Bowel Cancer: spot the symptoms
People living in Cork, Leitrim and Louth found out from the Irish Cancer Society today that they have the highest rates of bowel cancer in the country.
Bowel cancer is the second most common cause of cancer death in Ireland and as Bowel Cancer Awareness month starts, many of us need to make lifestyle changes to reduce our risk of getting cancer.
More than 2,000 Irish people each year develop cancer of the colon. The cause of cancer of the large bowel in most people is still unknown, but research is going on all the time to try and find the cause. Like most types of cancer, bowel cancer is more common in older people. It is unusual for people under the age of fifty to get the disease.
So what is bowel cancer? Most bowel cancers start as benign innocent growths – called polyps – on the wall of the bowel. Polyps are like small spots or cherries on stalks and most do not produce symptoms. Polyps are common as we get older and most polyps are not pre-cancerous. One type of polyp called an adenoma can, however, become cancerous (malignant).
If left undetected the cancer cells will multiply to form a tumour in the bowel, causing pain, bleeding and other symptoms. If untreated, the tumour can grow into the wall of the bowel or back passage. Once cancer cells are in the wall, they can travel into the bloodstream or lymph nodes; from here the cancer cells can travel to other parts of the body. For bowel cancer, the most common places for bowel cancer cells to spread to are the liver and the lungs. The process of spread is called metastasis.
But here is hope: if treated early there is a very good chance of recovery. The only problem is that only 9% of patients are diagnosed at the early stage.
What are the symptoms?
You might get some of these symptoms, although it’s worth remembering that you might experience one, some, all or no symptoms at all. Remember most symptoms will not be bowel cancer.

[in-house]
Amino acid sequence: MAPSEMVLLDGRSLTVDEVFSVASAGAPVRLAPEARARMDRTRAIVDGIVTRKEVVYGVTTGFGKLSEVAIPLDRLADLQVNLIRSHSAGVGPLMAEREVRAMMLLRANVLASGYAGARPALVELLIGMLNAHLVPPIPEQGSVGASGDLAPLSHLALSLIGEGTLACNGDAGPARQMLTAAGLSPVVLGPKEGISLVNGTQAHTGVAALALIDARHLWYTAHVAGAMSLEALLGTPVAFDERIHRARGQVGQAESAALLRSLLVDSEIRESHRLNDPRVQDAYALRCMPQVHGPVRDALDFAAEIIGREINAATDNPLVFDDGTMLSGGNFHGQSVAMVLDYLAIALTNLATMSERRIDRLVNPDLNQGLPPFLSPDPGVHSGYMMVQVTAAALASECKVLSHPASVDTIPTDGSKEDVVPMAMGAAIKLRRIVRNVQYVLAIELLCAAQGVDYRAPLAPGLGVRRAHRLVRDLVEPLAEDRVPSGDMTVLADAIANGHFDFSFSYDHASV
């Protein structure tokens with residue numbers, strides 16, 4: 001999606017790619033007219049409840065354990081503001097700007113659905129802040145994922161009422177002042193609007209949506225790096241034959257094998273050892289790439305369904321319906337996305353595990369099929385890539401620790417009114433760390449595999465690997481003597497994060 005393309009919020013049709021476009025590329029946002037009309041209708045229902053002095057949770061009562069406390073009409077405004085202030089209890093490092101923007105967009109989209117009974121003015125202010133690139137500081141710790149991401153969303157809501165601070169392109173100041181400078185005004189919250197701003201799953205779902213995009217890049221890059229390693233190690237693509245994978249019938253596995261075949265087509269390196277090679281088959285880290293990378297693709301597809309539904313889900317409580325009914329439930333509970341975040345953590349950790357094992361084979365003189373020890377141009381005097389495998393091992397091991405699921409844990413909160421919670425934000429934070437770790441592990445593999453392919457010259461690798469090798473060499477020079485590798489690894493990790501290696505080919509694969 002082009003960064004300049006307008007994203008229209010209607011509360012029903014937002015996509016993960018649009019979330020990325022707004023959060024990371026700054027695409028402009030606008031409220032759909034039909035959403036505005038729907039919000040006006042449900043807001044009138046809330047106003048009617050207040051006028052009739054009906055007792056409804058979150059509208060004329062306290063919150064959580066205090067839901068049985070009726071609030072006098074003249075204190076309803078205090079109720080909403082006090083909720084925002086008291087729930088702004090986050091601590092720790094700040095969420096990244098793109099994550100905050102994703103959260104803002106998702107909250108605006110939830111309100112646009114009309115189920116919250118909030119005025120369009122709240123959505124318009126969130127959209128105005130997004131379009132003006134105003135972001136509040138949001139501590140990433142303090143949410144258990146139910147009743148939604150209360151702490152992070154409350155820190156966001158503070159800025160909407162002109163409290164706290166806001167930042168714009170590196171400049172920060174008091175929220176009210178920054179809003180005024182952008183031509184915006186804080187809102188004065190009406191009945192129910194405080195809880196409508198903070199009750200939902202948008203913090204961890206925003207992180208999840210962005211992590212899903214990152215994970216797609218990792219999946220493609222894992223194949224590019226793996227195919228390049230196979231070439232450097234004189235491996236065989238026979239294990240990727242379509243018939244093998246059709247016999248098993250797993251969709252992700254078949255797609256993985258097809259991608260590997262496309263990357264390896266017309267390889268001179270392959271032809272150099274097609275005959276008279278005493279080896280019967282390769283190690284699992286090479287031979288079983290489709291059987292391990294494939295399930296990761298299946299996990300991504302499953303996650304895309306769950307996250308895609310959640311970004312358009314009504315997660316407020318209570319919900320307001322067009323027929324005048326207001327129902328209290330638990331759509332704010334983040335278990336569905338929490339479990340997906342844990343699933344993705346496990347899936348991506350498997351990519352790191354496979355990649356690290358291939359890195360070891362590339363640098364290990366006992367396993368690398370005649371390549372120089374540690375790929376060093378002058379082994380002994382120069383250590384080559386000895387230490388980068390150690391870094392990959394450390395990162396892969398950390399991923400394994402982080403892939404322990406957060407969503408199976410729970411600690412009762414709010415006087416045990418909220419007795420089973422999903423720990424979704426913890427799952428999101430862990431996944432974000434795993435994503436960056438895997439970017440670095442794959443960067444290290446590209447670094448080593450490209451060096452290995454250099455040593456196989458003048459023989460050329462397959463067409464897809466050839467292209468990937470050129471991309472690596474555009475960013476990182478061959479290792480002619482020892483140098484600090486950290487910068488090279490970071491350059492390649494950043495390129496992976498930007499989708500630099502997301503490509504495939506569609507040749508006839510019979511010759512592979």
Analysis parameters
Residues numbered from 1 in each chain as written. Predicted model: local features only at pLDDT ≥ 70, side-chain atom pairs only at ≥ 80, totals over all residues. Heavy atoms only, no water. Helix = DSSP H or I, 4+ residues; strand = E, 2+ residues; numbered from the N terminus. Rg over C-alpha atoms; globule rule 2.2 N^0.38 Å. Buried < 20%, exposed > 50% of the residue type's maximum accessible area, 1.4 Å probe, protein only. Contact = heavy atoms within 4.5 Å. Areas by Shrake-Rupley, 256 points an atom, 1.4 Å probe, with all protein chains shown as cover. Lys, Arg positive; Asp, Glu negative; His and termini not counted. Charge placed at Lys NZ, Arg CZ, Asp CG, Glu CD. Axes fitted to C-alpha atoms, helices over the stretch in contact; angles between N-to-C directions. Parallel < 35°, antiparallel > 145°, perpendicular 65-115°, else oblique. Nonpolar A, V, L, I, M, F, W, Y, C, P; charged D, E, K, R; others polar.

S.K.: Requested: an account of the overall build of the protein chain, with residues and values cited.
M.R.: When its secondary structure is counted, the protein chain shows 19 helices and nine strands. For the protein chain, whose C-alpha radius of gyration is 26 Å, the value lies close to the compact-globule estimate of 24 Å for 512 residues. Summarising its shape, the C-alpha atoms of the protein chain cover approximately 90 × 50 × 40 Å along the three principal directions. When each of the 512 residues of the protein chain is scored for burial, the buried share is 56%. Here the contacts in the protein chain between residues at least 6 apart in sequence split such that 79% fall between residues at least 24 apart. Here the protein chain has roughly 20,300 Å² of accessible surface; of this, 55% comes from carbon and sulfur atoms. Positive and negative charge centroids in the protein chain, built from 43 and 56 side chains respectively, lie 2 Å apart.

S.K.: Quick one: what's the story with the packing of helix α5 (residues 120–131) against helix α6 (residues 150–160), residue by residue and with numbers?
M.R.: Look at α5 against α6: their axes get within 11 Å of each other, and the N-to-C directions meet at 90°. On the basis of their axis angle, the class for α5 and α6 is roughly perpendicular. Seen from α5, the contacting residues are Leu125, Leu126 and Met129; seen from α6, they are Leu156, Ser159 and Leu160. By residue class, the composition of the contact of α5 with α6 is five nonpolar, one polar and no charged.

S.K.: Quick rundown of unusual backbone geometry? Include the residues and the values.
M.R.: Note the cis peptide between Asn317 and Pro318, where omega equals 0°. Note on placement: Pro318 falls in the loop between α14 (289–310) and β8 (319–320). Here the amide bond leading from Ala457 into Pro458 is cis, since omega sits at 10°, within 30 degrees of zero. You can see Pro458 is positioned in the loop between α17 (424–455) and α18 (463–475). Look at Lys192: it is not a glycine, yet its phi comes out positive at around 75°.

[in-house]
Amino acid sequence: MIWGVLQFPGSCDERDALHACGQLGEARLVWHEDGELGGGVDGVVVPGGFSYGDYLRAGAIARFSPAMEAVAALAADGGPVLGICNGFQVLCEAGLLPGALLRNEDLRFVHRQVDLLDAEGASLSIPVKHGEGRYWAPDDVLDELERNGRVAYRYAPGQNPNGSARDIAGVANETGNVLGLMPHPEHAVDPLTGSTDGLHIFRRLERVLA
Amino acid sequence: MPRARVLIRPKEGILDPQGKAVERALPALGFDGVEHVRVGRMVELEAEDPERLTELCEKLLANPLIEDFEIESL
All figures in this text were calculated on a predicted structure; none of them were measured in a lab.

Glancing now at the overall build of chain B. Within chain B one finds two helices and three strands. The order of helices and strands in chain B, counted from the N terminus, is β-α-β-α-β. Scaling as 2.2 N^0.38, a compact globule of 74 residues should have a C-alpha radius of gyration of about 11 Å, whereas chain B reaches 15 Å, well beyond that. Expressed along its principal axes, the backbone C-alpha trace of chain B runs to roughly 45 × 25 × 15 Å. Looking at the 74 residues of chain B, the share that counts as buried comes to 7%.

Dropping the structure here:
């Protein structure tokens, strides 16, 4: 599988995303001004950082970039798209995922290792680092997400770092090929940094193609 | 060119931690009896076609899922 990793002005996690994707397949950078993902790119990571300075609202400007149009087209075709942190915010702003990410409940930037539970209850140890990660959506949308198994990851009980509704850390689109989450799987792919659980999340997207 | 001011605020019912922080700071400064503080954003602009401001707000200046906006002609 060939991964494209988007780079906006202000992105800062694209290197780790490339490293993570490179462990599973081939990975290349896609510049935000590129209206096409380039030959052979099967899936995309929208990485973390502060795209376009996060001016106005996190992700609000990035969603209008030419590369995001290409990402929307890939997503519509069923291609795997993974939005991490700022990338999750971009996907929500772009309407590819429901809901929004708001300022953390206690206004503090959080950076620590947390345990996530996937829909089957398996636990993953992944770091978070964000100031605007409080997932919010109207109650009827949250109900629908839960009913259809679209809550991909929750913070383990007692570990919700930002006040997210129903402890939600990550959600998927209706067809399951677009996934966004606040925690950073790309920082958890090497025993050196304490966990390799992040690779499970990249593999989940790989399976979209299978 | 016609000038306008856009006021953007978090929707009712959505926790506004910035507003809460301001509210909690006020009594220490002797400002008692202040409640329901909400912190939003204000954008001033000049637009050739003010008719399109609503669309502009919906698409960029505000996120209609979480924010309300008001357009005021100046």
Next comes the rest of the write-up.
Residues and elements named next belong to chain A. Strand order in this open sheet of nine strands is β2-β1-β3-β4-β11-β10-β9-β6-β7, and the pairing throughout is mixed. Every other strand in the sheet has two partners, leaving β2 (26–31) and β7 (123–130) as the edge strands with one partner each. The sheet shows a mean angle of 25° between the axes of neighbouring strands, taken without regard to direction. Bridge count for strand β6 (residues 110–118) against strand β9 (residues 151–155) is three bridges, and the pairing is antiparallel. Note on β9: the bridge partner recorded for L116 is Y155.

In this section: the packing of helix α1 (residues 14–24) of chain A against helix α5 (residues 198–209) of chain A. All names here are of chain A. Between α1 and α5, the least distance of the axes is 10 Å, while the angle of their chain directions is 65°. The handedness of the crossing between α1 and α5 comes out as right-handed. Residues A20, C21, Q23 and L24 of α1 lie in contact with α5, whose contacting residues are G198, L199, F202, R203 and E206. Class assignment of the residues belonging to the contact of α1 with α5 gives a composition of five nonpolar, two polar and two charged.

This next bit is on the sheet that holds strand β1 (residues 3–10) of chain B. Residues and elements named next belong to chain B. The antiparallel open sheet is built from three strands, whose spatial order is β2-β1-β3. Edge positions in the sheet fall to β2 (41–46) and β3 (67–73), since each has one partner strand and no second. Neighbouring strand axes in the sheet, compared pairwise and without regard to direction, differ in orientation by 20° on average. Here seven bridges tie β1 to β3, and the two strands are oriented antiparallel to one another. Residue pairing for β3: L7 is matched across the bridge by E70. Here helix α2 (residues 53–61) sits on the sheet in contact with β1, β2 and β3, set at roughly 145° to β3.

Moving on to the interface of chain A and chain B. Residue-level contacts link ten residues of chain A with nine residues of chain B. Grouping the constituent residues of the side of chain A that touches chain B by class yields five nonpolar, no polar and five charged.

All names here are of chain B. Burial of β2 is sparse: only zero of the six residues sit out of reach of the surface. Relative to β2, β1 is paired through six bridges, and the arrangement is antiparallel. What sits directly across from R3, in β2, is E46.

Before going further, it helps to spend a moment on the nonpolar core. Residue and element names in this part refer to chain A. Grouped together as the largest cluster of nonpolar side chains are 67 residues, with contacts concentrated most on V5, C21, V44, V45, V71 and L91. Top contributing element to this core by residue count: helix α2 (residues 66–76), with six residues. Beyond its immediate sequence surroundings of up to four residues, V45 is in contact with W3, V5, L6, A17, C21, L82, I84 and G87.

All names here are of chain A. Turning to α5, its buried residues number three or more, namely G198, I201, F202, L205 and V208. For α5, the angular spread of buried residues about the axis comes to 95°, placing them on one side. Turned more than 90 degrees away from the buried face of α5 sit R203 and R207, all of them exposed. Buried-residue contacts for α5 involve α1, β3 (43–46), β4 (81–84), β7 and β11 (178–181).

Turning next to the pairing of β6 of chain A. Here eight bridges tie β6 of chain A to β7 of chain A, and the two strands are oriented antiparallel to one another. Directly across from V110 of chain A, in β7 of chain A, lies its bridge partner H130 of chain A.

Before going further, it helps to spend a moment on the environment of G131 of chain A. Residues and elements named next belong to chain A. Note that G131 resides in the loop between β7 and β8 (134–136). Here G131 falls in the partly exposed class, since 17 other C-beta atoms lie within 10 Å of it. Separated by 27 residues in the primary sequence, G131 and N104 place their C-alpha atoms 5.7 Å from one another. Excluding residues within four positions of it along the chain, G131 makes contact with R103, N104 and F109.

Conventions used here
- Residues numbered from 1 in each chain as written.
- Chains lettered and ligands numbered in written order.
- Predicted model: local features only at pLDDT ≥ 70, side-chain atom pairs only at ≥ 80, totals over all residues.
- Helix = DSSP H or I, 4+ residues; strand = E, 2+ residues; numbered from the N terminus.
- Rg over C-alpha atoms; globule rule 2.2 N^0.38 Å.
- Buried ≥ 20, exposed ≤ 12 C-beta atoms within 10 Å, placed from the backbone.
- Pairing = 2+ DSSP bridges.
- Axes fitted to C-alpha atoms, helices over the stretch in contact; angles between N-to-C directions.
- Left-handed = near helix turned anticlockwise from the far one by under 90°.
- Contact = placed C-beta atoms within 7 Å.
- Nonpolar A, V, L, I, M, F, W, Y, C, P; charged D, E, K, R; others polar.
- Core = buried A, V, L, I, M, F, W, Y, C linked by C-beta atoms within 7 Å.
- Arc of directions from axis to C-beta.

- Blood in your poo or bleeding from the back passage
- A lasting change (more than a month) in your normal bowel motion, such as diarrhoea or constipation
- Feeling that you have not emptied your bowel fully after a motion
- Pain or discomfort in your abdomen (tummy) or back passage
- Trapped wind or fullness in your tummy
- Weight loss for no reason
- Ongoing general tiredness or weakness
There are steps you can take to reduce your risk of bowel cancer:
- Have a healthy diet. Limit the amount of red and processed meat that you eat
- Avoid being overweight or obese and maintain a healthy body weight
- Increase the amount of fibre you eat, including at least 5 portions of fruit and vegetables each day
- Be physically active for at least 30 minutes every day
- Don’t smoke
- Limit the amount of alcohol you drink. The risk of bowel cancer increases by 8% for every two units of alcohol consumed a day
- Be aware of your family history. If a member of your family has or had bowel cancer speak to your doctor about the risk and the need for screening.
The National Bowel Screening Programme is offering free screening to men and women aged 60 to 69 years and living in Ireland, you can ring BowelScreen on Freephone 1800 45 45 55 to check your details are on the register or visit the website www.bowelscreen.ie
If you are concerned about cancer you can call the Irish Cancer society on 1800 200 700 to talk to a specialist cancer nurse. You can visit www.cancer.ie for further information.